“As to my time in the job, I hope I leave New Zealanders with a belief that you can be kind, but strong, empathetic but decisive, optimistic but focused. And that you can be your own kind of leader – one who knows when it’s time to go,” Jacinda Ardern said.
Her press statement makes several points on electing a new leader:
- Jacinda Ardern will remain the MP for Mt Albert through till April. That means there will be no requirement for a by-election ahead of the General Election on October 14.
- The Labour Caucus has seven days to ascertain whether one individual holds more than two-thirds support within caucus to become the new leader and Prime Minister. A caucus vote for a new leader will occur in three days on 22 January.
- If no-one receives two-thirds support within caucus, the leadership contest will go to the wider Labour membership. This can happen in a short time frame and the Prime Minister has recommended to the Party that the process, if required, conclude no later than 7 February.
The statement from deputy prime minister and Finance Minister Grant Robertson is to be found on the Scoop website.
He says he is not putting himself forward to be a candidate for the leadership of the Labour Party.
In 2014 when he failed to secure the leadership of the Party for the second time (he reminds us) he indicated he would not put herself forward again.
My position has not changed.
Robertson said he had been a close-up witness to Ardern’s work as leader and Prime Minister.
The level of intensity and commitment required of Prime Minister is an order of magnitude greater than any other role. It is a job that you must unequivocally want to do in order to do it the justice it deserves. I have every confidence that there are colleagues within the Caucus who are both capable of doing the role, and have the desire to take it on. They will have my full support.
It is a privilege to be Minister of Finance. I recognise that as the country faces a challenging economic environment, experience, stability and continuity are critical. I remain absolutely committed to fulfilling that role, or any other one the new Leader will ask me to undertake. I am also committed to running in the 2023 election to help secure a further term for a Labour led government.
I will not be making any further comment on the leadership until the process has concluded.
It has been the honour of my working life to have supported Jacinda as Minister of Finance and as Deputy Prime Minister. Her intellect, judgement and empathy mark her out as one of New Zealand’s finest Leaders. I believe that history will judge her tenure as Prime Minister as a period where New Zealand not only weathered many storms, but also made huge progress in becoming a stronger, fairer and more inclusive nation.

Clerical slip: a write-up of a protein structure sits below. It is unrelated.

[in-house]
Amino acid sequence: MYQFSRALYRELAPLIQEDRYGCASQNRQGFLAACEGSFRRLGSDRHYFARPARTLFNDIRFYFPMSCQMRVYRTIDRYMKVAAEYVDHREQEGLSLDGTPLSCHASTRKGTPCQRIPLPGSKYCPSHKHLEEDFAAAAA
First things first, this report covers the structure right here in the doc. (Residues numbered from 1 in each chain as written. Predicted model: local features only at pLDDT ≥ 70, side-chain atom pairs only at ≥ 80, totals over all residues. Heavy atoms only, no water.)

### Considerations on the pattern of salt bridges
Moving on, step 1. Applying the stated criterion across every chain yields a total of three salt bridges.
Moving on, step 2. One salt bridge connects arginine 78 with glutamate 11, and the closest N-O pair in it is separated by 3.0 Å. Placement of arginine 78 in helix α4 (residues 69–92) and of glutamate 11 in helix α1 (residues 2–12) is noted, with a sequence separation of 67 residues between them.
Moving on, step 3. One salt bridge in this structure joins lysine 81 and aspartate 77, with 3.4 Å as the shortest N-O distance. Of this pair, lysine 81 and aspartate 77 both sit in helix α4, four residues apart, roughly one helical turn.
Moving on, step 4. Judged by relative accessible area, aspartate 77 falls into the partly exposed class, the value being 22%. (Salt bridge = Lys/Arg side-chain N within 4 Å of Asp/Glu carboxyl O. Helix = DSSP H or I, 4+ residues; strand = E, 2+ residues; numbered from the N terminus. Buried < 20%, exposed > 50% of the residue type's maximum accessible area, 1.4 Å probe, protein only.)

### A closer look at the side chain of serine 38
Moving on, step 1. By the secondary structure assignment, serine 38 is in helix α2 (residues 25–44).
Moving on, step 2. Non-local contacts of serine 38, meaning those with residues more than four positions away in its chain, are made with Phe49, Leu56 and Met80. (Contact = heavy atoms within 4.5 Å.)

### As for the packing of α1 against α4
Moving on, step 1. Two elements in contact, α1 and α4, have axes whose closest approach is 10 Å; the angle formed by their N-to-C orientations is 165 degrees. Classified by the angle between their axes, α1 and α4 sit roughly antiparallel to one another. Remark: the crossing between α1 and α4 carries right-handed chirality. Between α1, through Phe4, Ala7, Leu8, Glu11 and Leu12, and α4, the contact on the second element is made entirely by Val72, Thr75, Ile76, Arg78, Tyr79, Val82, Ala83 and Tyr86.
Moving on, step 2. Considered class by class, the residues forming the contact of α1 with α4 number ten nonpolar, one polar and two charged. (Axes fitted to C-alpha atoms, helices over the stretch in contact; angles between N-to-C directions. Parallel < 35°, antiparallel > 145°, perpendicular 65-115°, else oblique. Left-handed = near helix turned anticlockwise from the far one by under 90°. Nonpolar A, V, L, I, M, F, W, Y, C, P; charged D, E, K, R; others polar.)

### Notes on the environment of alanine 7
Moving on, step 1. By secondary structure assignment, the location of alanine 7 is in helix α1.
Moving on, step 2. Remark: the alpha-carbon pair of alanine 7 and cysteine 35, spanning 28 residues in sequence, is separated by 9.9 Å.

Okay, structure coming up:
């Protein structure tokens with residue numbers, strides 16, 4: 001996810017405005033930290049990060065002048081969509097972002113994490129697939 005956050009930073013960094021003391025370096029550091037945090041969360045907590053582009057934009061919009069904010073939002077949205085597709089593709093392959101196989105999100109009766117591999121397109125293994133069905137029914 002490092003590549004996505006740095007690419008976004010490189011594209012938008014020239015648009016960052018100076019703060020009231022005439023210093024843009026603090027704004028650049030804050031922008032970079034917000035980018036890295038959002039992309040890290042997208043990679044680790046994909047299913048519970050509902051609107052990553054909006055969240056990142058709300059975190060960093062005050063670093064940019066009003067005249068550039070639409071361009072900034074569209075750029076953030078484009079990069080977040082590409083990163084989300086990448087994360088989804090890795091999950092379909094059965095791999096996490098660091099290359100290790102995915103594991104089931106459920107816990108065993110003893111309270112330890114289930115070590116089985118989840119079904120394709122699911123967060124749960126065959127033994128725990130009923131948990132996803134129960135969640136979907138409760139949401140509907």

As a colleague, a friend and a New Zealander I am incredibly grateful for her service and commitment and wish her every joy and success in the future.
When he nation recovers from the resignation bombshell, it should take note of the second statement Ardern posted today –
The 2023 General Election will be held on Saturday 14 October 2023, Prime Minister Jacinda Ardern announced today.
“Announcing the election date early in the year provides New Zealanders with certainty and has become the practice of this Government and the previous one, and I believe is best practice,” Jacinda Ardern said.
“Most recent elections have been held in the latter months of the year, so this year’s timing keeps with that tradition and is similar to the 2020 election date.”
Labour would be standing on its strong record of progress, Ardern said.
“I’m incredibly proud of what we have achieved over these two terms. We are a strong, experienced and effective team that has successfully steered New Zealand through the greatest challenges our country has faced in decades.
“While I won’t be contesting the election, I know the issues that impact New Zealanders most will remain the focus of the Government through this year and into the election.
“The ability for families to make ends meet, to create new opportunities to get ahead and keeping the economy strong and stable in the face of international headwinds will continue to be our focus,” Jacinda Ardern said.
The Governor-General has been advised of the election date.
The Government’s intention is that the House will rise on Thursday 31 August and Parliament will be dissolved on Friday 8 September.
Writ day will follow on Sunday 10 September and nominations will close at noon on Friday 15 September. Advance voting will start on Monday 2 October 2023.
The last day for the return of the writ will be 9 November 2023.